(Or was her ”aesthetic” really just a convenience? Considering that, for whatever reason, she didn’t dare to actually use the words ”religion” or ”Bible” or ”atheism” anywhere in Galt’s speech, one can be forgiven for assuming that she would have had a great deal more trouble successfully making her arguments in a more realistic scenario. John Stossel’s pathetic attempt to do so last week, on his thoroughly pointless Fox Business Network show about Atlas Shrugged, ended up wallowing for 15 minutes in one Northern-Virginia entrepreneur’s complaints that the government of his state is trying to regulate or ban the service he provides: fish pedicures. I’m not kidding.)
That tension between ”romanticist” flights of fancy and real-life concerns, not to mention her frequent interruptions of one to engage in the other, have led many Rand critics (and supporters as well) to wonder whether she should be considered a ”novelist” at all, rather than a polemicist who trafficked in fictional scenarios to put across her arguments. I don’t find a need to take a stand in that argument, especially considering how much more entertaining it is to note the contradictory stances of various Rand haters — some of whom label her a decent theorist who wrote lousy fiction, while others say her plots were terrific (shame about the philosophy). I will say this: I found her ideas, to the extent she laid them out in full, to be far more persuasive as they were expressed during Galt’s soliloquy than they were as depicted through the novel’s well-developed plot and not-so-well-developed characters.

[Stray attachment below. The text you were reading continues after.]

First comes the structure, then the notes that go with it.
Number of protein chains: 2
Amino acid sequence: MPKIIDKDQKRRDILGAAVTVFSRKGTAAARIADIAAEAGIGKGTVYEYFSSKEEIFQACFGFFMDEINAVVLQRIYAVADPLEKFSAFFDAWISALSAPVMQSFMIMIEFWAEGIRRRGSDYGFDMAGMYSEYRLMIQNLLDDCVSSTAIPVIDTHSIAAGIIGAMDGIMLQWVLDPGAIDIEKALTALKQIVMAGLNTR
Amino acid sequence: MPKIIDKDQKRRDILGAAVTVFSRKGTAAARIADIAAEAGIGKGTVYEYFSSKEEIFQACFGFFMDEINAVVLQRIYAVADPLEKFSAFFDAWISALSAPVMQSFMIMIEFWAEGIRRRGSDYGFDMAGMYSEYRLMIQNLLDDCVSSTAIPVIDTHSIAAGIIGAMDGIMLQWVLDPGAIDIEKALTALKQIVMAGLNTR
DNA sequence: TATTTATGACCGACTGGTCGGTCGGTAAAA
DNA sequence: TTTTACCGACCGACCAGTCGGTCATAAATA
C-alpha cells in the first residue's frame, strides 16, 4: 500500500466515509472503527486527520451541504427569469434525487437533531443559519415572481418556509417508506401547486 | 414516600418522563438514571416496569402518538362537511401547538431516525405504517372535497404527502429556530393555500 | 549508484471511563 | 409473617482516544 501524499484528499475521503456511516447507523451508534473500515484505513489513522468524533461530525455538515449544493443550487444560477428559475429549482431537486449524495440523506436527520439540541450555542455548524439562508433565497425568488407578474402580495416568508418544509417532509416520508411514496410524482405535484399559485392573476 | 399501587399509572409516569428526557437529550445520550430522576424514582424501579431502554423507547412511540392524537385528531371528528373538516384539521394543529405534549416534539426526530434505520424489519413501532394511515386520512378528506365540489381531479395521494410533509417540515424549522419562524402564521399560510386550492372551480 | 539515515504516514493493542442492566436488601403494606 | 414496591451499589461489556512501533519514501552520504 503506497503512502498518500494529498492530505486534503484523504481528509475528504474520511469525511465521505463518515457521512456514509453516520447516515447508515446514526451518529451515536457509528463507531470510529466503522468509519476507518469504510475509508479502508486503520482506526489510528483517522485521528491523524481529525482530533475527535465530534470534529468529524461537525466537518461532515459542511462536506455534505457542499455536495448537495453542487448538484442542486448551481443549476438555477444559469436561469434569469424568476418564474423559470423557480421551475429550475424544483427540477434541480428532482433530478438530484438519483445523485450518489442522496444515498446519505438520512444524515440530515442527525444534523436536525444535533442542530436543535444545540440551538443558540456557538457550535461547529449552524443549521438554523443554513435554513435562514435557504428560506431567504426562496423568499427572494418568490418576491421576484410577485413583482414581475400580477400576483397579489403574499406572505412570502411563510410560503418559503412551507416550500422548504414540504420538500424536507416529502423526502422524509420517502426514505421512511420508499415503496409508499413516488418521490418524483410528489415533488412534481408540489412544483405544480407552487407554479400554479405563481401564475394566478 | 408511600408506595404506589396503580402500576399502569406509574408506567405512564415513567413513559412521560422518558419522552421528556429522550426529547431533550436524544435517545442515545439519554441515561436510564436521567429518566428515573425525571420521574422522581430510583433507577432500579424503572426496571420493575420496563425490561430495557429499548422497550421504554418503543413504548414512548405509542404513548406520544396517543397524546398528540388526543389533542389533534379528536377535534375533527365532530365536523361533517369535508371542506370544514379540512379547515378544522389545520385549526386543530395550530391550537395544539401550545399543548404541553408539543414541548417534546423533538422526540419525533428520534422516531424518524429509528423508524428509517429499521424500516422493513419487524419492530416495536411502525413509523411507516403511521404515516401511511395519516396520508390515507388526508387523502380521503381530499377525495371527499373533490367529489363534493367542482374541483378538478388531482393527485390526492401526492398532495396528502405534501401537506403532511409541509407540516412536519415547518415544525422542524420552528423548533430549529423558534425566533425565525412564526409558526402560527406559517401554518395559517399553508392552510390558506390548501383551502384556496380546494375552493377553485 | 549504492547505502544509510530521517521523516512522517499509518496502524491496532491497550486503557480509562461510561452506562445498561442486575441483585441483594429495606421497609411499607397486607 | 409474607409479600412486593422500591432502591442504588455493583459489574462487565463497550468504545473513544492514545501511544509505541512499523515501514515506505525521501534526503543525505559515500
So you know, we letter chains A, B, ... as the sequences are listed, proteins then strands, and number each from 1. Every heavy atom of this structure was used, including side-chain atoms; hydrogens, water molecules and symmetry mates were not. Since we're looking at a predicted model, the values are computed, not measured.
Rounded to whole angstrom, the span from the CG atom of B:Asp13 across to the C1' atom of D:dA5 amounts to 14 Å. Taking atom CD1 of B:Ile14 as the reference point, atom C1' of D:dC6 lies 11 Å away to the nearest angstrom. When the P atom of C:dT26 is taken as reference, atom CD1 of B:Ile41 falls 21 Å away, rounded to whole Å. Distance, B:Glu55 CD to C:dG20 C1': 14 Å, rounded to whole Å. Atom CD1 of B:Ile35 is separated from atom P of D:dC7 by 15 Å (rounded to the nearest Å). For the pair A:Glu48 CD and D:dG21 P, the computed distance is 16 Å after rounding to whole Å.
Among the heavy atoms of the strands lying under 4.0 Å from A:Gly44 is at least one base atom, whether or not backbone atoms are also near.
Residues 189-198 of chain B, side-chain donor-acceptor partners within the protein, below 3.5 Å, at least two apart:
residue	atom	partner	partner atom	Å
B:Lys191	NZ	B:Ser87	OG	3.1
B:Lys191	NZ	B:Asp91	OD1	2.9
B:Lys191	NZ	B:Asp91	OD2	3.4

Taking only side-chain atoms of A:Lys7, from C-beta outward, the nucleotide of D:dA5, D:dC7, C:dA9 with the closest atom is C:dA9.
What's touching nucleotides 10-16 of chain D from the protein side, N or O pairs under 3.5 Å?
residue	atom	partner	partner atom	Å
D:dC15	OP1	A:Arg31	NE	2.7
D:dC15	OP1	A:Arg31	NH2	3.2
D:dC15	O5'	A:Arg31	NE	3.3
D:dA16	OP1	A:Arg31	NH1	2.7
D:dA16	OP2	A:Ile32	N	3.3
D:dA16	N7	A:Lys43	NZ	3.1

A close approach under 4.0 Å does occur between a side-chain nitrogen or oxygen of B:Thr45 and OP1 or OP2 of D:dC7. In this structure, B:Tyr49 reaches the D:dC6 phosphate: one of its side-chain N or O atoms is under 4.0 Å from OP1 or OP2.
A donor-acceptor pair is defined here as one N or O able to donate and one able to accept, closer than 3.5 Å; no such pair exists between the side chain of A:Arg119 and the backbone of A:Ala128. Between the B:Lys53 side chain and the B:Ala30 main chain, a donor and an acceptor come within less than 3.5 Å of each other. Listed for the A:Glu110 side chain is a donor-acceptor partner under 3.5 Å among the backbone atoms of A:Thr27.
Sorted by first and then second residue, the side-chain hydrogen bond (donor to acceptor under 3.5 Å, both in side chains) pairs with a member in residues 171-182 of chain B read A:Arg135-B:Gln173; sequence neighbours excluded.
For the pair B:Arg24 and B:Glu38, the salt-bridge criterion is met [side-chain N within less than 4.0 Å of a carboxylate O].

That’s not to say that Atlas Shrugged’s plot was perfectly developed — indeed, some key questions are left hanging at the end. For example, what will happen to Dagny’s childhood friend and business consigliere Eddie Willers, who at the end of the novel was left, abandoned and sobbing, on a broken-down train in the Arizona desert? I have failed to mention poor Eddie much, if at all, even though he represents in many ways the middle-management conscience of the novel — a guy who sympathizes with Dagny’s struggles, and who unwittingly passes along vital information about her and the railroad to Galt in the Taggart cafeteria. Does Eddie have reason to believe he might someday be received in Galt’s Colorado Graceland? And how, exactly, is the populace expected to respond when Galt leads his army of anti-altruists out of the mountains and back into society? How will they feel when Galt proclaims, “Hey, folks! We’re back! We’ve got this nifty motor that will solve all your problems … and oh, by the way, we’ve re-written your Constitution so you can’t control us!”
And what of Hank and Francisco, who seem doomed to a sex-free existence in Shangri-La now that the only woman they’ve ever loved, Dagny, has Gone Galt? They’ve clearly been smitten with one another, in an intense (if platonic) fashion, ever since they met — might they now find Virtuous Love … with each other? Just substitute ”Objectivist” for ”cowboy” here.
Hmmm … perhaps not. Rand told an audience in 1971 that homosexuality ”involves psychological flaws, corruptions, errors, or unfortunate premises … is immoral, and more than that; if you want my really sincere opinion, it’s disgusting.” Any Rand acolytes who wish to pick up that ball and run with it are encouraged to do so in the comments.
For a broader discussion of Objectivism — and maybe even an explanation why I titled this pair of columns as I did — please proceed to Part Two … but please do so only if it fits within your rational self-interest. See you there!